MFR Rating: ★ ★ ★ ★ ★
If The West Wing needed an evil twin, George Clooney may have just created it. No Leo, CJ or smart quips from Toby, The Ides of March shows the Machiavellian machinery of political ambition with an icy coldness through the instinctive raw manipulation of the powerful.
Directed, starring and co-written by George Clooney, The Ides of March has one of the most compelling plots I’ve seen for a while. Clooney plays Governor Mike Morris, a candidate for the Democratic nomination for president. Morris is a straight talking, anti-death penalty, unashamedly secular, liberal. The whole film takes place during the Ohio primary and Morris knows a win would all but guarantee his victory, not just for the nomination but also probably for the White House. Ryan Gosling stars as Stephen Meyers, a young, hotshot Junior Campaign Manager for Morris. Meyers believes in Morris wholeheartedly, not just as someone he can get elected, but someone who can make a change. After a debate, Meyers receives a call from Tom Duffy (Paul Giamatti), Campaign Manager for the rival campaign and Meyers curiously accepts Duffy’s offer of a meeting, a meeting that appears to have transparent intentions but sparks a narrative of misplaced trust, disloyalty and manipulation.
The first thing that needs to be credited is Gosling’s performance. Gosling has suddenly become omnipresent and I must say I was yet to be completely convinced by our new savior of Hollywood. Sure, Drive was bold and stylish, but Gosling’s quiet, emotionless getaway man left me slightly cold. Strangely, Gosling again gives a rather detached performance but this time it doesn’t feel like he’s over doing it, helped by some strong dialogue and a particularly impressive supporting cast. Although it’s not a huge role, Paul Giamatti is absolutely terrific as Duffy and looks and talks every bit a campaign manager. Philip Seymour Hoffman doesn’t over do it and plays things very straight as Morris’ campaign manager, Paul Zara. All of the leads really had the capacity to over-act their roles in a quest for Oscars, but they manage to pull it back with devastating coolness.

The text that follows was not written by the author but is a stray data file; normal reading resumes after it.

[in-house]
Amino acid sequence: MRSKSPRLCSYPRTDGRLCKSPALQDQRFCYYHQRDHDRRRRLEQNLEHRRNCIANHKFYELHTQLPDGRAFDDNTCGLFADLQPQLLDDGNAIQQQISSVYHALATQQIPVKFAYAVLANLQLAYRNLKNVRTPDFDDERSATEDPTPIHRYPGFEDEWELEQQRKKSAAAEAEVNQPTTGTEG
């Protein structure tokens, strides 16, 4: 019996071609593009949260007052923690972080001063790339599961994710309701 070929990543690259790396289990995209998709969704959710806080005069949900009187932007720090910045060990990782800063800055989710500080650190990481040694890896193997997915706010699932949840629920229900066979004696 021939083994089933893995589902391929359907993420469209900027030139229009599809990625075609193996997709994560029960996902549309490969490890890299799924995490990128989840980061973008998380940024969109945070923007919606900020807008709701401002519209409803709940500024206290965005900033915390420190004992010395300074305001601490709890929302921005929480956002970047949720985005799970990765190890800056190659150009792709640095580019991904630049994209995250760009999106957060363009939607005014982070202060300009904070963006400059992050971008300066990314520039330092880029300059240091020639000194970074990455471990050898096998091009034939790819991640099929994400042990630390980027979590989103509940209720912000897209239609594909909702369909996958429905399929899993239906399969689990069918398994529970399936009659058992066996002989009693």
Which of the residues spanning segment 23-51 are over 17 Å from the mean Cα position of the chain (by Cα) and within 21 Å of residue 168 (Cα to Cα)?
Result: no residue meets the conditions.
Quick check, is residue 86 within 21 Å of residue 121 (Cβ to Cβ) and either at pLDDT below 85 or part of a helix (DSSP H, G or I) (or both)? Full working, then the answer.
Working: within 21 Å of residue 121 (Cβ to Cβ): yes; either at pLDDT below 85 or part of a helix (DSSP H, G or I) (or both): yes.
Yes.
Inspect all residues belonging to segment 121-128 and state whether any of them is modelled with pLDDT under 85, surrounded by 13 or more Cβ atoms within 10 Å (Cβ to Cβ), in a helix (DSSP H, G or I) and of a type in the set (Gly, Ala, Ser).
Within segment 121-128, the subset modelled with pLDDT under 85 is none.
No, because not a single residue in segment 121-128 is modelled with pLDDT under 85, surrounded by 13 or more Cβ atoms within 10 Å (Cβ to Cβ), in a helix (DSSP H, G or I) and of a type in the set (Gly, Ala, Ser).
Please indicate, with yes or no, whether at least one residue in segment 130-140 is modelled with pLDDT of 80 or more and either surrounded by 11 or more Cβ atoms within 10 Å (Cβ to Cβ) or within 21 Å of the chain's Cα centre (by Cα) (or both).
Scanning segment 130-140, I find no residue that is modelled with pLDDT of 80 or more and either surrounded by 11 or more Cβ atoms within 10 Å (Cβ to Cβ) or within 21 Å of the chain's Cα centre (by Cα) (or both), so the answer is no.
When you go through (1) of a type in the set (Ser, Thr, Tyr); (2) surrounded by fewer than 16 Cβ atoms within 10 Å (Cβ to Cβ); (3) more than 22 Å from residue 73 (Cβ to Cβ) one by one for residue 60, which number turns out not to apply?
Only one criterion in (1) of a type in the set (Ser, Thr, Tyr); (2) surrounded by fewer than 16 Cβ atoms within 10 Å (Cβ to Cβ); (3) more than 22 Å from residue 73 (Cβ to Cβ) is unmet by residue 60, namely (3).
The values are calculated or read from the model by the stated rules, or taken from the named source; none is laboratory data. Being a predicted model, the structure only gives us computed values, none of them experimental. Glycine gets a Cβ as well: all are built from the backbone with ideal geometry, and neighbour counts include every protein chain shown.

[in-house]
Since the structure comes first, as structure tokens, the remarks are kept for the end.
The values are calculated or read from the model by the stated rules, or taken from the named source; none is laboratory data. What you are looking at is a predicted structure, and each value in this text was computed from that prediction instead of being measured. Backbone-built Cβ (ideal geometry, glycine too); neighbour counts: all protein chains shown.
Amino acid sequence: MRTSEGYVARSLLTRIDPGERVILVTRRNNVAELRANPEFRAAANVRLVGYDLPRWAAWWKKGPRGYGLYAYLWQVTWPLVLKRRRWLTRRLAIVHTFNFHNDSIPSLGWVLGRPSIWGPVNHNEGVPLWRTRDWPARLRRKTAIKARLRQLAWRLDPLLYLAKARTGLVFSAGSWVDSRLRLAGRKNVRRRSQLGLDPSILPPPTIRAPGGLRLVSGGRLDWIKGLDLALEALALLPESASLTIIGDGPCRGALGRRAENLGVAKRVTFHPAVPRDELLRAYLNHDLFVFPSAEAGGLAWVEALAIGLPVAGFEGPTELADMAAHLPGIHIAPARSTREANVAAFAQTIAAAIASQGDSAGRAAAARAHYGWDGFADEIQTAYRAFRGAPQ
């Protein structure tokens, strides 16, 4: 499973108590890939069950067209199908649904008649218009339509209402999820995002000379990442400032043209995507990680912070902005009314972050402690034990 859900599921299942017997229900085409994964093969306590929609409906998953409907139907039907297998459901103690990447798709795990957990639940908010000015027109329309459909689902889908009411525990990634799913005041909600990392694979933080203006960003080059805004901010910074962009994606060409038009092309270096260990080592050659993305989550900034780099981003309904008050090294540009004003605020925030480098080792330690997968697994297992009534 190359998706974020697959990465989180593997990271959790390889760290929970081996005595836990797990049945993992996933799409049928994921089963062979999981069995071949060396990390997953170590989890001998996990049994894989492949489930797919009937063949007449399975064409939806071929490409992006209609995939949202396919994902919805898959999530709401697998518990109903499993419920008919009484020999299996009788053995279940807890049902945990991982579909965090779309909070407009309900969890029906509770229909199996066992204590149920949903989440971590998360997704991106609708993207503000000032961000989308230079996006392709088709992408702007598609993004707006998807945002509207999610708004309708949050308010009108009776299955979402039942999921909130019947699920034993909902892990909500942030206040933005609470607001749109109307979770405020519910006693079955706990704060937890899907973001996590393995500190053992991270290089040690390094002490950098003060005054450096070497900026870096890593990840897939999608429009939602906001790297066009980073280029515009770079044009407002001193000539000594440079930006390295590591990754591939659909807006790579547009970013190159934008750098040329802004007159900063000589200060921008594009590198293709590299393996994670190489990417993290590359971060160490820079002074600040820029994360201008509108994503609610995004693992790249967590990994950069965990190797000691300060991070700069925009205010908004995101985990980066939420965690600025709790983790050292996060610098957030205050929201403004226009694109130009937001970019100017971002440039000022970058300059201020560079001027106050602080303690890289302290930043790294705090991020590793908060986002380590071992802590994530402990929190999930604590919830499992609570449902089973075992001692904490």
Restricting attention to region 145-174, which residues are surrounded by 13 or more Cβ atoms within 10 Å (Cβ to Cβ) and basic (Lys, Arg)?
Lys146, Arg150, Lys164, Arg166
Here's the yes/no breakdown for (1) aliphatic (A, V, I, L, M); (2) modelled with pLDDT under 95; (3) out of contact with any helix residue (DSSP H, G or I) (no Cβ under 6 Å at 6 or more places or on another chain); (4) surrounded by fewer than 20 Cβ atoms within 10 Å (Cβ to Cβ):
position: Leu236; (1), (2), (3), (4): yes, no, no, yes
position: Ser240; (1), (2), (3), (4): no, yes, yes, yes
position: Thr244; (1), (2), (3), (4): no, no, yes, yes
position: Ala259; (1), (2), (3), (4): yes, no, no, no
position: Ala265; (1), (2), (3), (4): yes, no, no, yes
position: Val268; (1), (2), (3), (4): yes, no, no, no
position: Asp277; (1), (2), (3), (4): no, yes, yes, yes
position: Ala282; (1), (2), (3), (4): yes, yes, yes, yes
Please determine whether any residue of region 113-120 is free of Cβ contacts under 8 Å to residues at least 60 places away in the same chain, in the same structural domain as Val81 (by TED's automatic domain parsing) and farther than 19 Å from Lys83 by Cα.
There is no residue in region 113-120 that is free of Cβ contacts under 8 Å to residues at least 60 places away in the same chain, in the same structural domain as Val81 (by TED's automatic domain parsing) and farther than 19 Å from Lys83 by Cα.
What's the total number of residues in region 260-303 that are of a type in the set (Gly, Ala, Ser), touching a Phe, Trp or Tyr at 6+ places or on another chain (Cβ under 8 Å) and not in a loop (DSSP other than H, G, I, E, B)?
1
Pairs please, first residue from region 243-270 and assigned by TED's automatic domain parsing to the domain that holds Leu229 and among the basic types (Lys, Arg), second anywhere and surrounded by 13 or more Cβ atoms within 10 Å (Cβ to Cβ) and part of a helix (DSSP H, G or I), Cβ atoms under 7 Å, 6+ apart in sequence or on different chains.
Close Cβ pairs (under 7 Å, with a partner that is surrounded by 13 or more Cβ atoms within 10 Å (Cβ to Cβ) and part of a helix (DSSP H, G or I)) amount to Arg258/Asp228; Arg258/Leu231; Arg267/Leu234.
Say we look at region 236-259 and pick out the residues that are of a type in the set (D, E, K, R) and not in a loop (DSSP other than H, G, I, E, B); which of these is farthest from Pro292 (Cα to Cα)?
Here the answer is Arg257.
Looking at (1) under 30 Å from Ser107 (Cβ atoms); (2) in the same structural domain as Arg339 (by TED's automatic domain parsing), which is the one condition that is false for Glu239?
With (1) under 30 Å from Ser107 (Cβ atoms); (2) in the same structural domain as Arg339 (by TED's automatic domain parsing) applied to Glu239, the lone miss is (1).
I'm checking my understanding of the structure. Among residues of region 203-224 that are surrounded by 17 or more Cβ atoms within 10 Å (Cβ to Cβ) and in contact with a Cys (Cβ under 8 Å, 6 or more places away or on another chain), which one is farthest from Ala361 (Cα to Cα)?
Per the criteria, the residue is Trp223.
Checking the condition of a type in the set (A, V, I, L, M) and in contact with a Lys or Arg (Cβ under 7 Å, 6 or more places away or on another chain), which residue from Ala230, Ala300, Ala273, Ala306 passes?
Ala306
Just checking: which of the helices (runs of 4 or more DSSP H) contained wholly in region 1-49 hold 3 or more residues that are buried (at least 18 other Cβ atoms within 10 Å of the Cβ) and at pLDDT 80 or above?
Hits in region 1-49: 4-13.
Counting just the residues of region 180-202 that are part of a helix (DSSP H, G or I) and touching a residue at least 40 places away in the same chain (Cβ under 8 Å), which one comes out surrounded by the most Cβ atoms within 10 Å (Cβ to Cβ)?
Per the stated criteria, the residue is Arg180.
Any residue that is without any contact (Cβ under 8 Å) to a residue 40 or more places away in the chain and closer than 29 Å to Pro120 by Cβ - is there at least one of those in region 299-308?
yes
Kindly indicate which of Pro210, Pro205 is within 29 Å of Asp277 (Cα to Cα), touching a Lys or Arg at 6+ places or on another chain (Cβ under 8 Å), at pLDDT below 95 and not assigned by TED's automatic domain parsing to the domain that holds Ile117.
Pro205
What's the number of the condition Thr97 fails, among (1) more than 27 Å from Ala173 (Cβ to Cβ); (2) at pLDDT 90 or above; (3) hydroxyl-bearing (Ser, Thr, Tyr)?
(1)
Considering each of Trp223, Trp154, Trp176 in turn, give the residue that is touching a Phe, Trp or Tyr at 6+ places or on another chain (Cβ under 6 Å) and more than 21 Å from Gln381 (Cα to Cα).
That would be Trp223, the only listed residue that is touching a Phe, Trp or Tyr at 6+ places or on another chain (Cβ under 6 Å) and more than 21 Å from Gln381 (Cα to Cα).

Discussions of open primaries, endorsements and delegates might not be to everyone’s taste but it doesn’t shy away from talking strategy giving the film a real depth. I’ve heard reviews that have criticized the character development of Meyers but I consider it a remarkable achievement. Without wanting to give anything away, Meyers goes on an almighty journey, triggered by a single misjudgment in the space of a 101 minute film. Despite never feeling climatic, it underplays its plot and asks you to keep up without being impenetrable (take note Tinker Tailor screenwriters). It provides a glaring insight into the minds of these characters, exploring facets that felt like they always existed, but weren’t immediately apparent.
I said earlier that The Ides of March shows the dark side of politics and Clooney supplements that perfectly with some excellent uses of lighting. Goodnight and Goodluck showed Clooney’s directorial potential and with the types of performances he got out of his cast from this film, he’s got a strong directorial future. Although, let’s be honest, when you hire a cast like Clooney’s assembled here you’re definitely giving yourself a leg up.
It’s interesting to note that despite Clooney’s liberal politics, he chooses to cast his characters as Democrats, even though it is apparently left ambiguous in the original stage version. By providing Morris the identity of such a liberal idealist, it gives the film’s trajectory an even greater tragic element but avoids feeling preachy. The film’s final scene is perfect. Despite being a film about a variety of vindictive quests for political power (and presenting a lead character who is far from likeable), its ability to provoke not merely apathy but admiration for the film’s eventual victor is admirable.
Ok, it has some flaws, particularly the way the storyline regarding Meyers’ love interest is handled, which provokes really delicate and emotional issues that are brushed under the carpet too hastily. But somehow the strength of the greater narrative looks past that. The film contains a low, slow beat, a beat that really punches to the heart of ambition. It’s cold, slippery and malicious, and it’s really rather good.
Ides of March is out now in the UK and USA. Running time 101 mins Certificate 15 (UK).
Review by David Rank